The Conference Committee version of H.R. 1 calls for a 21-percent corporate tax rate beginning in 2018. The Conference bill makes the new rate permanent. The maximum corporate tax rate currently tops out at 35 percent.
The Conference bill increases the 50-percent “bonus depreciation” allowance to 100 percent for property placed in service after September 27, 2017, and before January 1, 2023 (January 1, 2024, for longer production period property and certain aircraft). A 20-percent phase-down schedule would then kick in. It also removes the requirement that the original use of qualified property must commence with the taxpayer, thus allowing bonus depreciation on the purchase of used property.
The bonus depreciation rate has fluctuated wildly over the last 15 years, from as low as zero percent to as high as 100 percent. It is often seen as a means to incentivize business growth and job creation.
The Conference bill would raise the cap placed on depreciation write-offs of business-use vehicles. The new caps would be $10,000 for the first year a vehicle is placed in service (up from a current level of $3,160); $16,000 for the second year (up from $5,100); $9,600 for the third year (up from $3,050); and $5,760 for each subsequent year (up from $1,875) until costs are fully recovered. The new, higher limits apply to vehicles placed in service after December 31, 2017, and for which additional first-year depreciation under Code Sec. 168(k) is not claimed.
Section 179 Expensing
The Conference bill would also enhance Code Sec. 179 expensing. The Conference bill sets the Code Sec. 179 dollar limitation at $1 million and the investment limitation at $2.5 million.
Deductions and Credits
Numerous business tax preferences would be eliminated under the Conference version of H.R. 1. These include the Code Sec. 199 domestic production activities deduction, non-real property like-kind exchanges, and more. Additionally, the rules for business meals would be revised, as would the rules for the rehabilitation credit.
The Conference bill leaves the research and development credit in place, but requires five-year amortization of research and development expenditures. The Conference bill also creates a temporary credit for employers paying employees who are on family and medical leave.
The Conference bill generally caps the deduction for net interest expenses at 30 percent of adjusted taxable income, among other criteria. Exceptions would exist for small businesses, including an exemption for businesses with average gross receipts of $25 million or less.
Currently, owners of partnerships, S corporations, and sole proprietorships – as “pass-through” entities – pay tax at the individual rates, with the highest rate at 39.6 percent. The House bill proposed a 25-percent tax rate for certain pass-through income after 2017, with a nine-percent rate for certain small businesses. The Senate bill generally would have allowed a temporary deduction in an amount equal to 23 percent of qualified income of pass-through entities, subject to a number of limitations and qualifications.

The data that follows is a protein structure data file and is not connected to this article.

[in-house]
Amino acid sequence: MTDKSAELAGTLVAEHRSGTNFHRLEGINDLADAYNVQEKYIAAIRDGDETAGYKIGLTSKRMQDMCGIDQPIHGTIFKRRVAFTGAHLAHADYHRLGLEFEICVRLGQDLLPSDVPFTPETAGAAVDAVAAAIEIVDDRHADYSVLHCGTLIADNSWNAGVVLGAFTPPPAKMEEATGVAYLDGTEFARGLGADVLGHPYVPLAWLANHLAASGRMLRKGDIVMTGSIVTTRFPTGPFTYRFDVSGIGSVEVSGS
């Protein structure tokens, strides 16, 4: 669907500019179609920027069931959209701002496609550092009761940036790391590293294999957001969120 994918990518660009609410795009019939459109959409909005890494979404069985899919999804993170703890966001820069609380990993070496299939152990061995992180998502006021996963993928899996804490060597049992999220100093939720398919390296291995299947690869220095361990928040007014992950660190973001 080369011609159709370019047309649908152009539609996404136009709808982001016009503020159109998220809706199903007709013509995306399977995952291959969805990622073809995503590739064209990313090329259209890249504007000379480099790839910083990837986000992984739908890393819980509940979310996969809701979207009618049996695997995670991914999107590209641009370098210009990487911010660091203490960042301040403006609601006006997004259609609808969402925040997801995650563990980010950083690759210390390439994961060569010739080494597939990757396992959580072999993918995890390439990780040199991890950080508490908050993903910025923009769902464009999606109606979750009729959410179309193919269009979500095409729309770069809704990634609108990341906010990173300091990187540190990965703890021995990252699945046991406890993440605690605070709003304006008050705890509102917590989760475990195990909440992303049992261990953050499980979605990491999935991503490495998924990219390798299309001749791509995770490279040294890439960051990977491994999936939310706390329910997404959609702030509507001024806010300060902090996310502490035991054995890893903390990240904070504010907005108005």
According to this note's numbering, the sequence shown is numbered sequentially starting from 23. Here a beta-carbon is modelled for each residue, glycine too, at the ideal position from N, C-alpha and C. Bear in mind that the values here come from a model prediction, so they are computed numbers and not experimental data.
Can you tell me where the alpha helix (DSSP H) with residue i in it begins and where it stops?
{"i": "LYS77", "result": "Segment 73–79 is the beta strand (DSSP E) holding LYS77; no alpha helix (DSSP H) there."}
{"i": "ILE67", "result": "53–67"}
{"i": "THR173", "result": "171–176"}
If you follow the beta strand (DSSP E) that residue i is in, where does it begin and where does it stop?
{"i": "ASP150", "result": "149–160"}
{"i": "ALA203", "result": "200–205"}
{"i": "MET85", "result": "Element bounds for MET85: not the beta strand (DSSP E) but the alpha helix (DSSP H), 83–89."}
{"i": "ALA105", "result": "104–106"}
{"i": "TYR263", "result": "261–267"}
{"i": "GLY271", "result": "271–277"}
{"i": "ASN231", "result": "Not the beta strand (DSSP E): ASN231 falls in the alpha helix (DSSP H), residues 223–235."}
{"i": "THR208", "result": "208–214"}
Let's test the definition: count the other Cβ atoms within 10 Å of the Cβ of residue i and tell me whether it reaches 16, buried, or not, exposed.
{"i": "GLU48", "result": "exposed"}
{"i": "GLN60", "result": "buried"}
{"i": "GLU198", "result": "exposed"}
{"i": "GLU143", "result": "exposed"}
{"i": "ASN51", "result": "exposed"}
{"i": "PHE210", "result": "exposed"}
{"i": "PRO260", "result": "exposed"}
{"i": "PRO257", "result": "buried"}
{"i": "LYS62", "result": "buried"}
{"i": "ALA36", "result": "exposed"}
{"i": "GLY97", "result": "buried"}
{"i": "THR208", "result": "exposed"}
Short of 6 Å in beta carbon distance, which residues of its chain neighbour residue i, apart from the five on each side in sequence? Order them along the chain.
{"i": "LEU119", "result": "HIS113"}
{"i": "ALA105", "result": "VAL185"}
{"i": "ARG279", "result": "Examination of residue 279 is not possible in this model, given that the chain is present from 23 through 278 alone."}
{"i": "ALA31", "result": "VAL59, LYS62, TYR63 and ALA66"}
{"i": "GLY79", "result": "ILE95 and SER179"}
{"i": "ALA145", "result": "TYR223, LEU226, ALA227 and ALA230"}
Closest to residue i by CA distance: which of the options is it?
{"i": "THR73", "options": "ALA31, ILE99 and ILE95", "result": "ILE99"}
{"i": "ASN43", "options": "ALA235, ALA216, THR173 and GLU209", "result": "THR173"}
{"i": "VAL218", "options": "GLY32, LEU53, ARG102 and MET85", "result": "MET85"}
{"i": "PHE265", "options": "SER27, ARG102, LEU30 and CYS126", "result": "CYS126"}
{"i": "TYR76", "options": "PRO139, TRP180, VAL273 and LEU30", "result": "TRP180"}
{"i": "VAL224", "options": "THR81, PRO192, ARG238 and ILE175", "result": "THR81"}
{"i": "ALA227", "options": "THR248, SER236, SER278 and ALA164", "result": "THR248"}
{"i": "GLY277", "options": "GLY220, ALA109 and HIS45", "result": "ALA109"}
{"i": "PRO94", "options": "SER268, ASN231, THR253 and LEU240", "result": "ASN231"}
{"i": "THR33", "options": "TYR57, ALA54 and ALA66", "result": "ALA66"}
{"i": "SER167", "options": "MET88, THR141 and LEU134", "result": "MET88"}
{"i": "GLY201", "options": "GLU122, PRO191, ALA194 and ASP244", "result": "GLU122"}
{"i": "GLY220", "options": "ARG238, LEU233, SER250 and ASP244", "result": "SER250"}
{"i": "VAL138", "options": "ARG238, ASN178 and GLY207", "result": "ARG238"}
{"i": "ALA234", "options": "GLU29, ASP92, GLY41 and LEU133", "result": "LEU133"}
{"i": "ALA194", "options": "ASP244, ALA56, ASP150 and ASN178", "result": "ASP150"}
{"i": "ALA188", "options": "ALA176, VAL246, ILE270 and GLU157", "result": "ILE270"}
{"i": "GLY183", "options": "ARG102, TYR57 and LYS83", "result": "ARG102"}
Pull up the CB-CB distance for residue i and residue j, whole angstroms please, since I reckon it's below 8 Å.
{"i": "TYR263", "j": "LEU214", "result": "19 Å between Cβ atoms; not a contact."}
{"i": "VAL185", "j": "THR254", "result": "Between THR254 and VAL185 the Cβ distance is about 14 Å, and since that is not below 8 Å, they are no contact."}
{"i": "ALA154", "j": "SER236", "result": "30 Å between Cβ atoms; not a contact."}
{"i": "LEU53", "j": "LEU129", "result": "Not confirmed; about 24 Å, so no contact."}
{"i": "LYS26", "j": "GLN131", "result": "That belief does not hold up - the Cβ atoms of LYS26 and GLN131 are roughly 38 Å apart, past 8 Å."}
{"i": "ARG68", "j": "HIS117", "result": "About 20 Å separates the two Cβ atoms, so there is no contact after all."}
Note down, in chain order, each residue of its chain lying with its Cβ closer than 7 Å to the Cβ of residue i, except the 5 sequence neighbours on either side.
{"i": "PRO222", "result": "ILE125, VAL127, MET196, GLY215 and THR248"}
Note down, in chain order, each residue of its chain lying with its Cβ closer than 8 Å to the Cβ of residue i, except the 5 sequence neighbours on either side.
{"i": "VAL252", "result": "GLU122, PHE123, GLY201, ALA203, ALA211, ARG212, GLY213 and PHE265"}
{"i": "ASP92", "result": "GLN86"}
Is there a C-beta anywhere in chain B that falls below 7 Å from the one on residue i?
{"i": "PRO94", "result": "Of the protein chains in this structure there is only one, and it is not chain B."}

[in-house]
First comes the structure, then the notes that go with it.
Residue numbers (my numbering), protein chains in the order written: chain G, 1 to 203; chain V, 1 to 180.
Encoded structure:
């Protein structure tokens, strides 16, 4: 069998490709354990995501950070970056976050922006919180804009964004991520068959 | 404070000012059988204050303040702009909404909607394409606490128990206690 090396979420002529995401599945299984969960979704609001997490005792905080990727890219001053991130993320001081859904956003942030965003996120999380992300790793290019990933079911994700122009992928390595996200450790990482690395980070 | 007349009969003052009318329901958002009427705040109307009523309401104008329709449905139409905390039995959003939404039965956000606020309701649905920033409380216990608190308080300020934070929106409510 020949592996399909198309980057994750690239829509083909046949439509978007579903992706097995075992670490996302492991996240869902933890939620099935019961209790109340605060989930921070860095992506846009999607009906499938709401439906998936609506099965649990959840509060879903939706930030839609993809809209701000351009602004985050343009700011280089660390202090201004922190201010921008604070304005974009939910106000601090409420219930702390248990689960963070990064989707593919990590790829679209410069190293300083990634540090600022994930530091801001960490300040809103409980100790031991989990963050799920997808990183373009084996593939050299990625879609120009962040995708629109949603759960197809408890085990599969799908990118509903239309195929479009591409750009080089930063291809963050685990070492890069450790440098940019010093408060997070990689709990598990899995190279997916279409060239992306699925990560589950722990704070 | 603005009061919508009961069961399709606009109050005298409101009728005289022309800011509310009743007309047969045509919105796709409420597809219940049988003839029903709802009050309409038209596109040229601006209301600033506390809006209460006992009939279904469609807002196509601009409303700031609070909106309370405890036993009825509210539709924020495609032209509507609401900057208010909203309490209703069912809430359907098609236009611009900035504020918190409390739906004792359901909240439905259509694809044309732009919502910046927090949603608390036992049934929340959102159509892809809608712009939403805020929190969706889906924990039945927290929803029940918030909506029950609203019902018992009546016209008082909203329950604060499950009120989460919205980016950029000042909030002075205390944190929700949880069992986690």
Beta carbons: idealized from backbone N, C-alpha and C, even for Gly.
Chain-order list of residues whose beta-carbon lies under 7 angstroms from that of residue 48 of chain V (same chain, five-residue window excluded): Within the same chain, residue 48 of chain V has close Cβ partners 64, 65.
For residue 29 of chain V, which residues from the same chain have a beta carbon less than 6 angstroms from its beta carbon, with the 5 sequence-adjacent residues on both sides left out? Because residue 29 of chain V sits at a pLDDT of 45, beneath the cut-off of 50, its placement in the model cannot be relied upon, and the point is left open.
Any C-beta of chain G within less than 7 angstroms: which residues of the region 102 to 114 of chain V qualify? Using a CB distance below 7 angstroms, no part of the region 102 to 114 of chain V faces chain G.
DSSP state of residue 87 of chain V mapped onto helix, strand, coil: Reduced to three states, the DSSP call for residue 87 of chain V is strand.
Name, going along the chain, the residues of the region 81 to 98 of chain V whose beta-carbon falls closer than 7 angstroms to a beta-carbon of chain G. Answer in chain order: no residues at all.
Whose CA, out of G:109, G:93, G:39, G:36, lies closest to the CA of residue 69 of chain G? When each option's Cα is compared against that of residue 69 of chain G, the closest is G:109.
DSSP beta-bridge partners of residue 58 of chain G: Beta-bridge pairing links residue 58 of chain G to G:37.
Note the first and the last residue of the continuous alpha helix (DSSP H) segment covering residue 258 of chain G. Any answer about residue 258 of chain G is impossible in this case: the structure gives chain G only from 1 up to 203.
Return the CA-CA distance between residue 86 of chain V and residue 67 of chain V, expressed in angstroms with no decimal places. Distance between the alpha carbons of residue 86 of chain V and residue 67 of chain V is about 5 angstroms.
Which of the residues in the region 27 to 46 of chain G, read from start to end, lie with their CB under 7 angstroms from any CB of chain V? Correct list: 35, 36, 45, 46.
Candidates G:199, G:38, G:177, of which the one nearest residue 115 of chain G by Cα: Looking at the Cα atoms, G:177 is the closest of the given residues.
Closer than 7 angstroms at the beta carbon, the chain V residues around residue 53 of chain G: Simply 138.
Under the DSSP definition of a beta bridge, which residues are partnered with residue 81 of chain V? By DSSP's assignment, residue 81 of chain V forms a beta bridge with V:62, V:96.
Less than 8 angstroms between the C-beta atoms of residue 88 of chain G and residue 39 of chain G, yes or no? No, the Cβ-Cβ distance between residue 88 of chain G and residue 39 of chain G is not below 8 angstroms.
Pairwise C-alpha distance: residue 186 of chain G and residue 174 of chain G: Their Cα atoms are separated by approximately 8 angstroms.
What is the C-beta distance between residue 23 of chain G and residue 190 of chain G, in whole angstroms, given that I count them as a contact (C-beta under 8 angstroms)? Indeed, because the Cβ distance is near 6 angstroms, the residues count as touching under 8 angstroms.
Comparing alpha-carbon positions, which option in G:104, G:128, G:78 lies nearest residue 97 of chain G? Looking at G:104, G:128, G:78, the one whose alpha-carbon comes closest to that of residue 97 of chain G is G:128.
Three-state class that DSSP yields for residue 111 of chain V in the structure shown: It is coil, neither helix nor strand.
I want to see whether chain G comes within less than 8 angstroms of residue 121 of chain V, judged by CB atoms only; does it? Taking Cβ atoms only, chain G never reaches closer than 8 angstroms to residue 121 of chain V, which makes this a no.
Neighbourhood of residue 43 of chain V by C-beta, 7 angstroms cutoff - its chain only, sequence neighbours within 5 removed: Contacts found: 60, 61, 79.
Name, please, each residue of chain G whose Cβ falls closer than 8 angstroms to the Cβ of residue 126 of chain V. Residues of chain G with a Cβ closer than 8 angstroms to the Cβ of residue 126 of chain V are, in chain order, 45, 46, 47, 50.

The Conference bill generally follows the Senate’s approach to the tax treatment of pass-through income, but with some changes, including a reduction in the percentage of the deduction allowable under the provision to 20 percent (not 23 percent), a reduction in the threshold amount above which both the limitation on specified service businesses and the wage limit are phased in, and a modification in the wage limit applicable to taxpayers with taxable income above certain threshold amounts.
Net Operating Losses
The Conference Committee version of H.R. 1 modifies current rules for net operating losses (NOLs). Generally, NOLs would be limited to 80 percent of taxable income for losses arising in tax years beginning after December 31, 2017. The Conference bill also denies the carryback for NOLs in most cases while providing for an indefinite carryforward, subject to the percentage limitation.
The House bill called for repealing many current energy tax incentives, including the credit for plug-in electric vehicles. Other energy tax preferences, such as the residential energy efficient property credit, would have been modified. The Conference bill retains the credit for plug-in electric vehicles and did not adopt any of the other repeals of or modifications to energy credits from the House bill.
The Conference bill does not modify or repeal the so-called “Johnson amendment.” This provision generally restricts Code Sec. 501(c)(3) organizations from political campaign activity.
The Conference bill would extend from nine months to two years the period for bringing a civil action for wrongful levy. The Conference bill does not prohibit increases in IRS user fees, as proposed by the Senate bill.
The Conference Committee version of H.R. 1 follows the lead of both the House and Senate bills in moving the United States to a territorial system. The Conference bill would create a dividend-exemption system for taxing U.S. corporations on the foreign earnings of their foreign subsidiaries when the earnings are distributed. The foreign tax credit rules would be modified, as would the Subpart F rules. The look-through rule for related controlled foreign corporations would be made permanent, among other changes.
A portion of deferred overseas-held earnings and profits (E&P) of subsidiaries would be taxed at a reduced rate of 15.5 percent for cash assets and 8 percent for illiquid assets. Foreign tax credit carryforwards would be fully available and foreign tax credits triggered by the deemed repatriation would be partially available to offset the U.S. tax.